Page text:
‘measuring the doses with my eye, and calculating how many of them would be enough to take a living creature over the border-land between sleep and death.’

As I mentioned in the review of Braddon’s Aurora Floyd, hair colour was regarded as symbolic in the Victorian period. Here we have a woman with flame-red hair which suggested associations with evil and the devil (rather fitting here!) Galia Ofek writes that this previously unsightly hair colour corresponds with Lydia’s ‘aggressive, bloody femininity… and flaming sexuality.’ We see many examples of this throughout the novel. When her attempts on Armadale’s life fail, she doesn’t waste time thinking about what might have been or whether what she is doing is right or not; she instantly tries to plan out the next best way to kill him.

Then we have the ending, and I think it’s safe to say it’s a bit of a shock. Lydia becomes almost dictated to by her husband, and ultimately sacrifices herself for him, a complete alteration from the character we have seen previously. She concludes that:

‘the one atonement I can make for all the wrong I have done you is the atonement of my death. It is not hard for me to die, now I know you will live.’

It could be considered that this is the only possibility in which Lydia is trying to redeem herself for all of her past actions. Collins perhaps chooses this ending in order to show that such ruthless behaviour cannot survive in the world.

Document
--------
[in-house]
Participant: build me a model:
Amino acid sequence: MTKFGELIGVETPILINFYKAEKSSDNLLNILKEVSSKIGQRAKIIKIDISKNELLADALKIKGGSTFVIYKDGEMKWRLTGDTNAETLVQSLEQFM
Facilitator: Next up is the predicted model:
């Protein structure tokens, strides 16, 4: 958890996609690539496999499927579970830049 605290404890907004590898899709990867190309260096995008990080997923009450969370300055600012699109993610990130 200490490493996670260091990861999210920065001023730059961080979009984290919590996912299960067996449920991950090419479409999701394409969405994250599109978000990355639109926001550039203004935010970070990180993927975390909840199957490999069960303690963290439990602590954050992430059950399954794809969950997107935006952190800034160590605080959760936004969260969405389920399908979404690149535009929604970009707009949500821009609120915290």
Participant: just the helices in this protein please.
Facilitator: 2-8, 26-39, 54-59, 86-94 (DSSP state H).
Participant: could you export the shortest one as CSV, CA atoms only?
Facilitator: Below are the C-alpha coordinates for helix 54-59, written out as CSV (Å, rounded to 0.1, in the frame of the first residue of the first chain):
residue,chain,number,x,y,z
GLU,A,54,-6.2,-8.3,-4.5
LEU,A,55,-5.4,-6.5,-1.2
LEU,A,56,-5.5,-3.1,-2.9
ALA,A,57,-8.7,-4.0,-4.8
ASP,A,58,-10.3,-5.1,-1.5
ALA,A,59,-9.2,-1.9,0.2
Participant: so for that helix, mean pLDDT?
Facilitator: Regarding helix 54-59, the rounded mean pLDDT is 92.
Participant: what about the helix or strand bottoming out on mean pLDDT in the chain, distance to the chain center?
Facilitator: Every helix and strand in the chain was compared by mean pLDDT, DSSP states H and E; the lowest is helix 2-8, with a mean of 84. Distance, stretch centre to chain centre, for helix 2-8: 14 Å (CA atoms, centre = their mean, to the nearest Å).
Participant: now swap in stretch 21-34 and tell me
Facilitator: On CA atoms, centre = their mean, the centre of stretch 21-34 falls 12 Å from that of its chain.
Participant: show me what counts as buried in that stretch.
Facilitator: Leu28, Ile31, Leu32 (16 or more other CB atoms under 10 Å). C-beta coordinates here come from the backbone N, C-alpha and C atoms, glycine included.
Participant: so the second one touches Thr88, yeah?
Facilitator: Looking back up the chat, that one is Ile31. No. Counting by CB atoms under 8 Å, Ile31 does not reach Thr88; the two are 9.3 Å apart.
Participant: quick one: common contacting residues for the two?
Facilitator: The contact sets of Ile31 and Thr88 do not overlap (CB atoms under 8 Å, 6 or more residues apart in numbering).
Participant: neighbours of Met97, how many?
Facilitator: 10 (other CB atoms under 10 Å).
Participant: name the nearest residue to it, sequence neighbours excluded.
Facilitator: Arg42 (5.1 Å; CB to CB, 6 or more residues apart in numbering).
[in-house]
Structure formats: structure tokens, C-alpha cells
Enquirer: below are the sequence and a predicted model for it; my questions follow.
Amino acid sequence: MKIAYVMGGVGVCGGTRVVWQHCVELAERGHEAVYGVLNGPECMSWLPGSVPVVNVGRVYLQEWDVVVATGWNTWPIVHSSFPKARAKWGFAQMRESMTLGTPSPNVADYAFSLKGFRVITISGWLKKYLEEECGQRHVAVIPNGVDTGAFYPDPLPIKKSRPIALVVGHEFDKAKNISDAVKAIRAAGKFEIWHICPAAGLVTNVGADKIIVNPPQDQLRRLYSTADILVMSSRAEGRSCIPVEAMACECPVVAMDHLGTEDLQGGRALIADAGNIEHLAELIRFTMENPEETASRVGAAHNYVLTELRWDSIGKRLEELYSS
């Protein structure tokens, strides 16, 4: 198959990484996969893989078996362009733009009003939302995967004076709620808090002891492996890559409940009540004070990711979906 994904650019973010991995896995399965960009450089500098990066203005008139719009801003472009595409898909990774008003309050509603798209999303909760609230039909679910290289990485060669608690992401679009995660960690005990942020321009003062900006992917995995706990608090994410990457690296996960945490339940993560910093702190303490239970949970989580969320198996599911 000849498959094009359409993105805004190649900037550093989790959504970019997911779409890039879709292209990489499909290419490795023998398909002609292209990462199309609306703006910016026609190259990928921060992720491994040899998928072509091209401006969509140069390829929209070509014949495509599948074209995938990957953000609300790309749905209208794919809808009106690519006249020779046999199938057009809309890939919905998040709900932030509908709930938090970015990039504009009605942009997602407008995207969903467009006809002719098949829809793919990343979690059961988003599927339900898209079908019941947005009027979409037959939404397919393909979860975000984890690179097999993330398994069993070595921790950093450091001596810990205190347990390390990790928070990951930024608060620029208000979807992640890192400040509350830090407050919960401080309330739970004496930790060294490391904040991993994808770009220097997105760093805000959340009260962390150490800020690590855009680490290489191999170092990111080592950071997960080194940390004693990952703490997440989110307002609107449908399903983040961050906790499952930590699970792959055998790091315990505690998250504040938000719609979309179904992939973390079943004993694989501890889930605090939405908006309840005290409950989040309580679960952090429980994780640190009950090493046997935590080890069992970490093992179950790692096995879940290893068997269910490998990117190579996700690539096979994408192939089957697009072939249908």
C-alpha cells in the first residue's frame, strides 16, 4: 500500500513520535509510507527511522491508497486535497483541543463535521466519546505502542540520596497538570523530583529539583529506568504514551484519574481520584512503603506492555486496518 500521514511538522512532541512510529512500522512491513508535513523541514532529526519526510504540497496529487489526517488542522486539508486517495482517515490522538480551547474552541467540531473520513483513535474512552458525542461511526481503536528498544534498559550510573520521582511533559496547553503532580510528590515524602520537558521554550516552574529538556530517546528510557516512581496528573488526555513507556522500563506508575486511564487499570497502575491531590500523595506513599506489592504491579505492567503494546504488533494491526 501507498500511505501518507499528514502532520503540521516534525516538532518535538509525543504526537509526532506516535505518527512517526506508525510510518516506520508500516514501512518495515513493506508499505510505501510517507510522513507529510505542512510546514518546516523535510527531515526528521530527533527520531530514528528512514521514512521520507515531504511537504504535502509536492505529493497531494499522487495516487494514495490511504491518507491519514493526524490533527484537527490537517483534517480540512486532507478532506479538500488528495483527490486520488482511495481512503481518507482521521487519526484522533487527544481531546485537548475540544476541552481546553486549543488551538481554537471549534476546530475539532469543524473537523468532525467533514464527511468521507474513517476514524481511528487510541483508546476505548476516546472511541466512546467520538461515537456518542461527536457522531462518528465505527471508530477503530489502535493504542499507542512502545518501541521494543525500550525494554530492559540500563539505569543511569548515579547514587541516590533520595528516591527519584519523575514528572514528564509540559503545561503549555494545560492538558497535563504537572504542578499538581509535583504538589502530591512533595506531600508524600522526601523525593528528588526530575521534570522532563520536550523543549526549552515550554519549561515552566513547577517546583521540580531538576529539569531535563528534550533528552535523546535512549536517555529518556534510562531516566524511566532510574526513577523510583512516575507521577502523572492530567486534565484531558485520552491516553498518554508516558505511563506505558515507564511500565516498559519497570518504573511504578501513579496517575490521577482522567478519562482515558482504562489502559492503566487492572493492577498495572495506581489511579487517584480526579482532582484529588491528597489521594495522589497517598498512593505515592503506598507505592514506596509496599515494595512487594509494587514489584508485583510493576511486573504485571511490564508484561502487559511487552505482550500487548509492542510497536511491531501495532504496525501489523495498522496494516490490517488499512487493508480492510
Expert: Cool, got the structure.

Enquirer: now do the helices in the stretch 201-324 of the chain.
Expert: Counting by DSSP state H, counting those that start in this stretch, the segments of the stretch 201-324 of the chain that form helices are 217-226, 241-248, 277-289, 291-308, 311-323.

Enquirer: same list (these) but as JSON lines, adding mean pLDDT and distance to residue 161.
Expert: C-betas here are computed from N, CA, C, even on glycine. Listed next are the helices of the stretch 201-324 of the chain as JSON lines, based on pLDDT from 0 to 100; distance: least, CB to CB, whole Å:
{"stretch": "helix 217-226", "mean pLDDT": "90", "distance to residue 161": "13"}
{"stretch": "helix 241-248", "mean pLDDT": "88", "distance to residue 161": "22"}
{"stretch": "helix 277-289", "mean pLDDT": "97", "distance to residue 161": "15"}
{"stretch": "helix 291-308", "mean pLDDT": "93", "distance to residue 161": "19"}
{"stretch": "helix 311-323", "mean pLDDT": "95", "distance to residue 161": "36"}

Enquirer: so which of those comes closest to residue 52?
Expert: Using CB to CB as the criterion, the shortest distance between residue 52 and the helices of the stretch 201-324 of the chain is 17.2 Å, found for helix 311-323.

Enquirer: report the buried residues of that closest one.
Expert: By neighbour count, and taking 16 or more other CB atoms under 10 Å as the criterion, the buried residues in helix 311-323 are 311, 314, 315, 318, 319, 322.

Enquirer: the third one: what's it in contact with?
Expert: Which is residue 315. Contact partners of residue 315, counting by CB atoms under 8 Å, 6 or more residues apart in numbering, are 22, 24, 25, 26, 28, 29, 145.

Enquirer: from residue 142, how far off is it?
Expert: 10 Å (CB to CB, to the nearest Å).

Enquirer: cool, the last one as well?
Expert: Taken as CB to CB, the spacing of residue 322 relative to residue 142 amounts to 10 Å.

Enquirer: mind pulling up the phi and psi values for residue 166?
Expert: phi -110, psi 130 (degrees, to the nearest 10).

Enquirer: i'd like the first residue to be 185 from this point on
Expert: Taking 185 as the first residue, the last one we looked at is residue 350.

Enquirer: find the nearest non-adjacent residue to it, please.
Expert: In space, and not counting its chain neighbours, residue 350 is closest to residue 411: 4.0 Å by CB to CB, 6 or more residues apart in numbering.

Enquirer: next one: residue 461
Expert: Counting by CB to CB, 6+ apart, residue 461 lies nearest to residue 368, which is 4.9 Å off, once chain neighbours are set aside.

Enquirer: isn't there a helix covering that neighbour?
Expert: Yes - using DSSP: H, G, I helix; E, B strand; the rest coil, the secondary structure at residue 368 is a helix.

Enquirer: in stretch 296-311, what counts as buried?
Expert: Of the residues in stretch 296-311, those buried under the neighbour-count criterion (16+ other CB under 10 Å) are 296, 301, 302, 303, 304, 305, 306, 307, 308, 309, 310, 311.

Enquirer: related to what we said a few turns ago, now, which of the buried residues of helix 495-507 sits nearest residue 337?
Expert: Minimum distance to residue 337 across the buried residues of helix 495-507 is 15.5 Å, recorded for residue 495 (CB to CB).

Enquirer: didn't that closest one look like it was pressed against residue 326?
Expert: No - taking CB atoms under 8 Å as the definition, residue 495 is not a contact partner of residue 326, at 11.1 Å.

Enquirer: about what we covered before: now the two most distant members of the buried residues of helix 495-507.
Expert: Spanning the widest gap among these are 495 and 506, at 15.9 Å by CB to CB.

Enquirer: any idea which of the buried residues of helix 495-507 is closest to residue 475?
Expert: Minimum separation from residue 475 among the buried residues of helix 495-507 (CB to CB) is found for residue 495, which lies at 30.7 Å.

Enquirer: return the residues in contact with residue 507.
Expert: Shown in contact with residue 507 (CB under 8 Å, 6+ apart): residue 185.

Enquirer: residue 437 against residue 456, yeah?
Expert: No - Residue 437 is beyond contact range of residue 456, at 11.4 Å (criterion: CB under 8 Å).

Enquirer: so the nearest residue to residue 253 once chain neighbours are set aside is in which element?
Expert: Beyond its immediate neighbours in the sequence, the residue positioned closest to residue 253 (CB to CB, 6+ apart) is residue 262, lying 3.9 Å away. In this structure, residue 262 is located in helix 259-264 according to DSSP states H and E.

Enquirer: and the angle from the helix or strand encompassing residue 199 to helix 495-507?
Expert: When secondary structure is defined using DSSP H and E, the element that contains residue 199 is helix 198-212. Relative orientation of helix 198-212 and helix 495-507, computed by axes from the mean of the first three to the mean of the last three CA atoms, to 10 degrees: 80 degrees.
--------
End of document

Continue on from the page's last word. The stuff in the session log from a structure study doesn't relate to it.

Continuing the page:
I’d have to say that this is a wonderful read – as you can probably tell from this review, there’s plenty of stuff going on! If you’re wanting to have a look at other pieces of Collins’s Sensation fiction which doesn’t include The Woman in White, then I suggest you try to read this novel 🙂 There’s intrigue, murder, poison, and evil deeds galore, and I guarantee you’ll never get bored!

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8 responses to “Armadale by Wilkie Collins

  1. heavenali says:

    Wonderful! I need to read this again. Wilkie Collins does do villainous characters so well.

  2. kaggsysbookishramblings says:

    Oooh, I love the sound of this – definitely need to explore Collins further!

  3. I’ve started re-reading Wilkie Collins – The Woman in White and The Moonstone to date – and I really need to pick this one up, Lydia Gwilt is one of those names that always makes me catch my breath.

  4. Plethora says:

    I have only read two Wilkie so far, The Woman in White and The Law and The Lady. Of the two, I loved The Law and The Lady. So torn as to what next to read of his when I get to squeeze in another Wilkie read.

  5. Helen says:

    I love Wilkie Collins and Armadale is one of my favourites – Lydia Gwilt is so fascinating! Collins gives his characters such wonderful names too – Ozias Midwinter, Mother Oldershaw, Doctor Downward… I must read this book again soon!

  6. This sounds so great! I’ve only ever read the two most famous Wilkie Collins books — The Woman in White and The Moonstone — and loved them both. Armadale will be next on up though! I adore a good villain.

  7. […] that one’s respectable-looking neighbours concealed some awful secret.’ (See Lydia Gwilt from Armadale, and Lucy Audley from Lady Audley’s Secret for excellent examples of this […]

  8. Marcin says:

    Lydia Gwilt is simply a marvel! Wilkie Collins is easily one of my favourite wirters, it’s such a shame his name – let alone his works are largely unknown to reading audience. I have 6 of his novels so far, and what I can tell is that the man was simlply brilliant at creating female characters. And Lydia may very well be his finest creation.